# Illumination Data

The purpose of this section is to explain simple general rules for dealing with illumination data. In particular, it will provide the means for interpreting data offered by manufacturers and for interpolating readings based on measurements made by the cameraman.

1. Lighting Quantities — Intensity

Intensity is measured in units of "candelas." An earlier term for this is candlepower. Normally, a value for candelas is also accompanied by directional information. In former times the intensity on axis was referred to as center beam candlepower.

The unique property of intensity relative to the source of light in a given direction is that it is not dependent on distance from the source. The intensity is the same no matter how far away. The only restriction is that it has reduced accuracy if measurements are made closer to the source than approximately ten times the maximum diameter of the lighting unit. For example, for a 12 fresnel lens spotlight, tine intensity figures are only accurate at a distance greater than about 10 feet. Angle from centerline Figure 7. Luminaire intensity distribution—rectangular. Figure 8. Luminaire intensity distribution—polar.

There are two ways that the intensity information is normally shown. Examples of these are shown in Figures 7 and 8. The only difference between these is that in one case the data is presented in a rectangular coordinate format, and in the other polar coordinates are used. Most lighting manufacturers supplying instruments to the motion-picture industry tend to present their data in a rectangular format. The polar presentation is more likely to be encountered with commercial/industrial type fixtures.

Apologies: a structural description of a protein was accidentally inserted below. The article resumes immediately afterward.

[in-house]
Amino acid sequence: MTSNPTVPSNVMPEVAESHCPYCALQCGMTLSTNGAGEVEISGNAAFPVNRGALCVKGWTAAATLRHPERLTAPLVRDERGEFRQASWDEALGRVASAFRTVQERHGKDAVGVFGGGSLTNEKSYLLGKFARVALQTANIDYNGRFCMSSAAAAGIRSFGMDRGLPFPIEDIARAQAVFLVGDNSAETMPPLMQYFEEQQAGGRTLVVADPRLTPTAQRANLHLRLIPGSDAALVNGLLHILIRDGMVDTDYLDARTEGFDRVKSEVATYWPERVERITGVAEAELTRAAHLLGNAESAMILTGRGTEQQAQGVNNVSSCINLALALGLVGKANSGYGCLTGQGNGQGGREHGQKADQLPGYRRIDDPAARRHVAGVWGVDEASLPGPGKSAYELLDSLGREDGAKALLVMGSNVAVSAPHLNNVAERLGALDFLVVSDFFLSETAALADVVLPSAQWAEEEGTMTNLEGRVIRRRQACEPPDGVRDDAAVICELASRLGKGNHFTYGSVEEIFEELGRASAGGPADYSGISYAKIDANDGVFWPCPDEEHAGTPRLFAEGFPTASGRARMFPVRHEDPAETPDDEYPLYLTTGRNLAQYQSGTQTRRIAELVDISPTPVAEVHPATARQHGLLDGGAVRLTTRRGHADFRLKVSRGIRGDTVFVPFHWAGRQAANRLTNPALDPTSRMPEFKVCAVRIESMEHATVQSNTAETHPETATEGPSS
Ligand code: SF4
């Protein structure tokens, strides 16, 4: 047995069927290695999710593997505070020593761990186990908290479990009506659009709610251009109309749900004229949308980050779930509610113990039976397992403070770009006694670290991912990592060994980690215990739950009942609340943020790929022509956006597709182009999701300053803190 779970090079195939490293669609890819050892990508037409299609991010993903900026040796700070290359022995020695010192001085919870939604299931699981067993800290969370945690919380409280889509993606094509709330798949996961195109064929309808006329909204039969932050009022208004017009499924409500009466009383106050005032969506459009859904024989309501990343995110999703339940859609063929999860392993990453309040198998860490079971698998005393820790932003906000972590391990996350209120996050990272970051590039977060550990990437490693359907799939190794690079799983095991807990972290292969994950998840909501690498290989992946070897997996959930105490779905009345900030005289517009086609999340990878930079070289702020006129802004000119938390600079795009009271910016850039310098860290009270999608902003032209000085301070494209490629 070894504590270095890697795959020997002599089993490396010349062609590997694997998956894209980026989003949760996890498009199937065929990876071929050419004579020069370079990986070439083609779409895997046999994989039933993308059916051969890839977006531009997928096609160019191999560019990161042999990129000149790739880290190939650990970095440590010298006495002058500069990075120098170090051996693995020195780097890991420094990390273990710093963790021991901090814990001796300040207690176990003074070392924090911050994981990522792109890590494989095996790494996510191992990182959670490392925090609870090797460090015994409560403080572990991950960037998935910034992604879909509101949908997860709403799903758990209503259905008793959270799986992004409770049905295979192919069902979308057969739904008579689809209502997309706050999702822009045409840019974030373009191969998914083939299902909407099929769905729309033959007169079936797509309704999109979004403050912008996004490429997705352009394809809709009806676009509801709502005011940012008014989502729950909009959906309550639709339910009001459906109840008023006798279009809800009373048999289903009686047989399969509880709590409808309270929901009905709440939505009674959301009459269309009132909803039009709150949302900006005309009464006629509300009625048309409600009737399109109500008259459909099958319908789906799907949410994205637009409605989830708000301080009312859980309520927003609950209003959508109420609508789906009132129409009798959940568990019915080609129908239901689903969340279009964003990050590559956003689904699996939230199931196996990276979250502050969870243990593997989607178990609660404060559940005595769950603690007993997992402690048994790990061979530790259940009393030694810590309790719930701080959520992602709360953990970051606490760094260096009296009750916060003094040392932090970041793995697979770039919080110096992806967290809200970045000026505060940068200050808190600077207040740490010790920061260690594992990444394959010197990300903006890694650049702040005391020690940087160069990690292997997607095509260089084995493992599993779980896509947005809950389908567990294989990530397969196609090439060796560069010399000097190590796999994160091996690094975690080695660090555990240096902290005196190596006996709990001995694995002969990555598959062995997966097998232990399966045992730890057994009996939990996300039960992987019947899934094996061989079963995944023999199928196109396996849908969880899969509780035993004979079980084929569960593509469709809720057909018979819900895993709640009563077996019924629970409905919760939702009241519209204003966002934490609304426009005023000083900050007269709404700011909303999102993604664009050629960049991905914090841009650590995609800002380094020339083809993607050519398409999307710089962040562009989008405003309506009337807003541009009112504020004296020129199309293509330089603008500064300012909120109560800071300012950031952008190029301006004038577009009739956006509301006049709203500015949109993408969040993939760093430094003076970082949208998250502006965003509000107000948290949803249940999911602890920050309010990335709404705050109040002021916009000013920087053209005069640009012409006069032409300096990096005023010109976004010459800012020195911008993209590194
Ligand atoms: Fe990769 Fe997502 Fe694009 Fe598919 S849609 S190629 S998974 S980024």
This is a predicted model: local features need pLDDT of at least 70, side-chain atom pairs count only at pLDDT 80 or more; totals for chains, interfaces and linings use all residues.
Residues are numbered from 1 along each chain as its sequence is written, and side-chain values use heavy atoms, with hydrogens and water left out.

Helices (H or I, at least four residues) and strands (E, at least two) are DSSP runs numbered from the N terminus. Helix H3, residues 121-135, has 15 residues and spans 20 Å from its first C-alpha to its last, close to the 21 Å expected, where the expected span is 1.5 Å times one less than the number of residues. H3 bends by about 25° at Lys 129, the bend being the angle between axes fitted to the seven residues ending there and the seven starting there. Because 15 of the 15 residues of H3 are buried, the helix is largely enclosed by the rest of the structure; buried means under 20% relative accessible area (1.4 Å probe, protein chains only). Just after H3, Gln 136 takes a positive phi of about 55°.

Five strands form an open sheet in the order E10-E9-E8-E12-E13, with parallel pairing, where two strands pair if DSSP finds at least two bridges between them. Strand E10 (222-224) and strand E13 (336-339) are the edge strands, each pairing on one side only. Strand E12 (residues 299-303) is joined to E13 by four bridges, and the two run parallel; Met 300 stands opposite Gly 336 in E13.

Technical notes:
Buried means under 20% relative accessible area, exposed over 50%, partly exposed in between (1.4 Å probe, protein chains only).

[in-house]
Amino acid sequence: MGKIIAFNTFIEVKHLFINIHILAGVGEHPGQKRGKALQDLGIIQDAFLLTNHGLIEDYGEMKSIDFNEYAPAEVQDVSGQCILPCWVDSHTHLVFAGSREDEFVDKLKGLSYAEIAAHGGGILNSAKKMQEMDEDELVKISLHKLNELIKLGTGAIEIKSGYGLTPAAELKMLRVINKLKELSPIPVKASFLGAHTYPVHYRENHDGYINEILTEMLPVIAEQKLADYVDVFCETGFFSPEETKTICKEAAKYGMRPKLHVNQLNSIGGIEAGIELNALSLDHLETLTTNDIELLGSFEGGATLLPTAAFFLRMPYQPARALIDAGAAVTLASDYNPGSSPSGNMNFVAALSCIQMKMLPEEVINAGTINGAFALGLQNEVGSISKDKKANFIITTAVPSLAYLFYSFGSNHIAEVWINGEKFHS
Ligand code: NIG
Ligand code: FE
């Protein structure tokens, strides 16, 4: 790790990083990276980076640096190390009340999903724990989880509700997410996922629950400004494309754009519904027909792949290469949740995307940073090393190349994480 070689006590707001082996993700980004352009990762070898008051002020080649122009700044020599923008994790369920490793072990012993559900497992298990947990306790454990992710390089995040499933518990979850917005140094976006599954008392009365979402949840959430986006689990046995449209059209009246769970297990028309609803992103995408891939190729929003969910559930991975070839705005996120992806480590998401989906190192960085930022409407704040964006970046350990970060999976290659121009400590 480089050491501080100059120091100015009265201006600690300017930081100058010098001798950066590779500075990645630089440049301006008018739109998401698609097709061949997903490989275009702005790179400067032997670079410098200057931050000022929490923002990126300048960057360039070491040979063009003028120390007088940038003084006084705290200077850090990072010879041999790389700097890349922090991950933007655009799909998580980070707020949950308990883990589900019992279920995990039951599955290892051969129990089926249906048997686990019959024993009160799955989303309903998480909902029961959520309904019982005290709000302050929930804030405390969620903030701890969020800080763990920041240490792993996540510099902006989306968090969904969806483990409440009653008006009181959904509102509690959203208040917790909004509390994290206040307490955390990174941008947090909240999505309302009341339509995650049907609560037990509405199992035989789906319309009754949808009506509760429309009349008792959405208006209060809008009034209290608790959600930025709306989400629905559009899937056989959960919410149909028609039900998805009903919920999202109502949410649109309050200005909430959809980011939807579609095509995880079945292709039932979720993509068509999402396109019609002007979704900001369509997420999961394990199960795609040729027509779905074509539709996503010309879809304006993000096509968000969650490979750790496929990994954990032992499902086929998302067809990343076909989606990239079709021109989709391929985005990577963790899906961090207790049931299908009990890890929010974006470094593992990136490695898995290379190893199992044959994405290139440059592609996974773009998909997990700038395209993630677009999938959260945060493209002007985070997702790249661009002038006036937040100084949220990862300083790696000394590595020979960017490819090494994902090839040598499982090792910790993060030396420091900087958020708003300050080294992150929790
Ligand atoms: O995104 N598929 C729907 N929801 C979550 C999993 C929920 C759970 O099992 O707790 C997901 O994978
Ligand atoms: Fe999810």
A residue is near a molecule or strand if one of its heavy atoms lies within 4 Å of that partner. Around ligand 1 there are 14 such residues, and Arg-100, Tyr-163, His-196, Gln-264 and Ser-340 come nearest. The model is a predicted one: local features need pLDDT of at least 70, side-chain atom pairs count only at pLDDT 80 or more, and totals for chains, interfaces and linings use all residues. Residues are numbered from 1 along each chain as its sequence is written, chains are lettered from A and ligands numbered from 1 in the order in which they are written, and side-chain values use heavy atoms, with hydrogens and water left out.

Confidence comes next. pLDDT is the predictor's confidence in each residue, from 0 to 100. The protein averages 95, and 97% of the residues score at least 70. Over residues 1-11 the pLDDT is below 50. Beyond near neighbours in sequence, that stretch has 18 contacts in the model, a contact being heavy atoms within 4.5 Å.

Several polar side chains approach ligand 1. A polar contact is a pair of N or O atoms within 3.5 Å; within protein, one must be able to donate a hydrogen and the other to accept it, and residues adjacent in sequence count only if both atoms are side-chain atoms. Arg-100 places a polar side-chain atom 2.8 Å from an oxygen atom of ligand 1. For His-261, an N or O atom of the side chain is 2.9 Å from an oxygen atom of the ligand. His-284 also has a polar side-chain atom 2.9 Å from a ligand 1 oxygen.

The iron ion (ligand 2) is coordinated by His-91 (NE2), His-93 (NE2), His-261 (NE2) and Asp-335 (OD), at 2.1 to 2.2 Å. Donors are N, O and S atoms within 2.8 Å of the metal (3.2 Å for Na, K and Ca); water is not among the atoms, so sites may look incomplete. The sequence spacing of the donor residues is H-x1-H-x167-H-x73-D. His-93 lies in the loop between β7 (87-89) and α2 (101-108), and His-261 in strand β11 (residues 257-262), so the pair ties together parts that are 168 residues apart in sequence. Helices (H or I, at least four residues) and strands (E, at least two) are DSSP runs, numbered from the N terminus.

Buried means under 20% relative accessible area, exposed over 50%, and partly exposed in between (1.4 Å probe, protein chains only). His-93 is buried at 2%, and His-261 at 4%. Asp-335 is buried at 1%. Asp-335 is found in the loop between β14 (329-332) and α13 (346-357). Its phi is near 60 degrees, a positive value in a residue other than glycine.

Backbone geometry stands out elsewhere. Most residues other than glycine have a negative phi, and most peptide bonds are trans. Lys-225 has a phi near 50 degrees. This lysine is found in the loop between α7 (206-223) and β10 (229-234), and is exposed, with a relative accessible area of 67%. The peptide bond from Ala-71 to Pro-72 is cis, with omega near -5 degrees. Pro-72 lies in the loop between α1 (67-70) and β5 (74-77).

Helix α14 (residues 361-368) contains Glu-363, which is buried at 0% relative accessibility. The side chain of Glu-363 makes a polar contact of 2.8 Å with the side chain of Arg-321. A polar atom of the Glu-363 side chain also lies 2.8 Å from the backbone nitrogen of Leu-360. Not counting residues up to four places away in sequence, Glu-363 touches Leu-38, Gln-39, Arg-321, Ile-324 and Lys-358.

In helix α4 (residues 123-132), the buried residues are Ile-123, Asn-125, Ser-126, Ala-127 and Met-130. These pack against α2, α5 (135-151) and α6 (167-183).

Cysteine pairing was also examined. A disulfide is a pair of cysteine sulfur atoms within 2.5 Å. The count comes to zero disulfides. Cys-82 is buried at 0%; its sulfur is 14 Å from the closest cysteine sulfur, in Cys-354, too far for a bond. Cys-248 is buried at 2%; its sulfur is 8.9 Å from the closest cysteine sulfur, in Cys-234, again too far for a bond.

Where the intensity distribution of a lighting source is known, the illumination produced by the unit can be calculated using the inverse square law. This is expressed as follows:

Intensity (candelas)

Illumination (foot candles) =

Illumination (Lux) =

D2(D = distance in feet)

Intensity (candelas) D2(D=distance in meters)

(Example: A fixture is described as having a center intensity (or center beam candlepower) of 50,000 Candelas. What is the illumination at 25 feet? What is the illumination at 10 meters?

50,000 50,000

25 x 25 625

50,000 50,000

10x10 100

2. Lighting Quantities—Coverage

All lighting fixtures have a lighting distribution which may be visible as projected on a flat wall. Often this is expressed as shown in Figure 9 and defined as an illumination distribution curve. The important standard measuring points for such a distribution are as follows:

Beam Coverage: This is described as the limit of the area covered to within 50% of the maximum intensity.

Field Coverage: This is described as the area covered to within 10% of the maximum intensity.

Of the two areas described above, the beam coverage is the more important photographically. It describes the area that is illuminated at a level that is not lower than 1 stop down from the center intensity. The assumption is made, where a single distribution is shown, that the distribution pattern is essentially circular.

Calculating Coverage from Beam Angle: The following expression allows the computation of the coverage diameter (W) for any distance (D) and a given beam angle (Refer to Figure 10). The expression is:

Maximum Intensity Maximum Intensity t

Beam Coverage --Field Coverage

Figure 9. Definition of intensity distribution curves.

Maximum Intensity

50% of Maximum Intensity

Maximum Intensity

Beam Coverage --Field Coverage

Figure 9. Definition of intensity distribution curves.

(Example: For a distance of 50 feet and a known beam angle of 26 degrees, what is the coverage diameter of the beam (50% of the center)?

D = 50 feet; Beam Angle = 26 degrees. x/i Beam Angle = 13 degrees Tangent of 13 degrees = .231